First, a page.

Before reading Richard Dawkins analogy between genes and memes I was of the opinion that a meme is nothing but a myth or a superstition that has existed in a particular culture. But a detailed research of this chapter impels me to think of the evolution of this meme.
Through this discussion I want to make a claim that a meme also represents a kind of evolution. Since time immemorial the concept of the term “churel” has existed in India, not through a manuscript but in an oral tradition. Dawkins is right when he says that language is the main fuel that propels meme in a culture. The rate of the rise of a language is far higher than the rate of genetic evolution. Another important fact that we come to know is that language grows through non-genetic means1. Dawkins gives the example of birds2 that showed evolution not by genes but by language.
Dawkins speaks of the mutability of genes. The genes that a child has today may become halved soon, and at one point of time the resemblance might as well vanish. But it is not the case with memes. The meme of a churel today in India has not lost its hold on people. In different parts of India churel is known by different names. It shows the evolution of the meme in as scientific a manner as the genetic evolution. In east India and west India3, it is believed that a churel is a witch that entices the young children, and devours them in a lonely corner of the village. It is also said that she eats the young babies in order to maintain her youth and looks.
Dawkins says that a meme can also be as mutated as a gene is. This is also true when we find that the image associated with that of a churel changes as we travel in India. In some parts of the country a churel is an old hag with backward feet4. She looks horrible with wrinkles all over the body. But in other folklores, a churel is shown to be very attractive woman, not unlike Lamia, a beautiful maiden who is after the young and handsome men5 in order to satiate her libido. In some versions the churel is said to be feeding on the human blood while some portray her as guzzling the semen.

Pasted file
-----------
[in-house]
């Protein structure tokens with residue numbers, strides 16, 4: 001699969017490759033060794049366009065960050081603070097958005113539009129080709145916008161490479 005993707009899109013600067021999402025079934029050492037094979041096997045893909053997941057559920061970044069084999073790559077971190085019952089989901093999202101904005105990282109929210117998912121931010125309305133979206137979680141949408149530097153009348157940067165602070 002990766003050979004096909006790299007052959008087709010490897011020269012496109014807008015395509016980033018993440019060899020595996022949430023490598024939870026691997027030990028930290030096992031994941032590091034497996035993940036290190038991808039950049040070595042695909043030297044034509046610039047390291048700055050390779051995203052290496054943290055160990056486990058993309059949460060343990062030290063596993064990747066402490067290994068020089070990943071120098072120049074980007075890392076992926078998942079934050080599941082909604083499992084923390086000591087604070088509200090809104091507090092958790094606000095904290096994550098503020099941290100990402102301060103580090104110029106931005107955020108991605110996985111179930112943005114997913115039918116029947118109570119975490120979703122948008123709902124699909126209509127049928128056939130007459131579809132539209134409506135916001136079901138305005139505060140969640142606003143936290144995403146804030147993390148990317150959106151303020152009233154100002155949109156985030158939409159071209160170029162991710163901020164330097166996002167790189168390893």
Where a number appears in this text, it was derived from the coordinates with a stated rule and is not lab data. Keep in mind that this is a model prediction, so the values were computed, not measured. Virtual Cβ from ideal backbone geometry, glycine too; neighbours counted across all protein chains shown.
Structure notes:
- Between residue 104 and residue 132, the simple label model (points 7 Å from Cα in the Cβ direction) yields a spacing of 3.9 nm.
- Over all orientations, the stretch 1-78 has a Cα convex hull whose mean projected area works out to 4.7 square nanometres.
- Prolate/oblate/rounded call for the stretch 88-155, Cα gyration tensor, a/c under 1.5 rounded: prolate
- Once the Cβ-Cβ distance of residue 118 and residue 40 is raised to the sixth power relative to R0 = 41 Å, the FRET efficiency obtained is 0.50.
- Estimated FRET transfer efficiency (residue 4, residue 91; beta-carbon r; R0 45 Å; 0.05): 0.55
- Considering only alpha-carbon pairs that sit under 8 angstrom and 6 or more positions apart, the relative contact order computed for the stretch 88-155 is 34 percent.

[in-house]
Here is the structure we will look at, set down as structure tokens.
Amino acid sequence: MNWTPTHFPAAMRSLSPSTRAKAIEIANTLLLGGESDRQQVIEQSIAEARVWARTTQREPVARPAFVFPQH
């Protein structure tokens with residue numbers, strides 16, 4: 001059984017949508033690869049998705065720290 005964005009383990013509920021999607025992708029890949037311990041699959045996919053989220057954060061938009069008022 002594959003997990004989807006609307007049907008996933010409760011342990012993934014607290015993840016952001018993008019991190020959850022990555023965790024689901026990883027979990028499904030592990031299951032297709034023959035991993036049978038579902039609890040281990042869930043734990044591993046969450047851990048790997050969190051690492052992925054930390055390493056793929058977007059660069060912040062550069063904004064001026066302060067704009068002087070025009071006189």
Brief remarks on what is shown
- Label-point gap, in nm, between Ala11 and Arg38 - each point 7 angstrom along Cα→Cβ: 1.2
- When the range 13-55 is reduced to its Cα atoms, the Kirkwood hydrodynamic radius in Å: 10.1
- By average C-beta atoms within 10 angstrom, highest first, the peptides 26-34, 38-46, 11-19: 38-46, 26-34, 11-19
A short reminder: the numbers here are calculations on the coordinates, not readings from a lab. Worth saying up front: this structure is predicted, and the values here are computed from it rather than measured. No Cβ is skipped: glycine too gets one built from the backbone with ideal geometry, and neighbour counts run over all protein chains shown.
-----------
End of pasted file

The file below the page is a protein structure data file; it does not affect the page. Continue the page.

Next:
With reference to the origin of the word churel there is no consensus. Like a meme churel may have come from the “soup of human culture.6” Many stories of churel speak of their becoming witches after they had died during childbirth7. Other anecdotes say that churel rose as an attempt to wreak vengeance on their unfaithful male counterparts. Some stories relate their arrival just to taste the carnal pleasures with respect to the fact they died virgins.
It appears that the connotation of this meme has much to do with our blind faith. The concept of churel is no different from our “belief in life after death8,”-an idea that is so deeply instilled in our minds that we cant forgo it. This idea is akin to the idea of the hell fire, which was originated by some Machiavellian7 priest. And it can also be equated with the existence of god. In all, these three ideas are very closely linked with one another. This coupling of the idea shows us how the memes too get a hold on man through the development and flourishing of a human culture.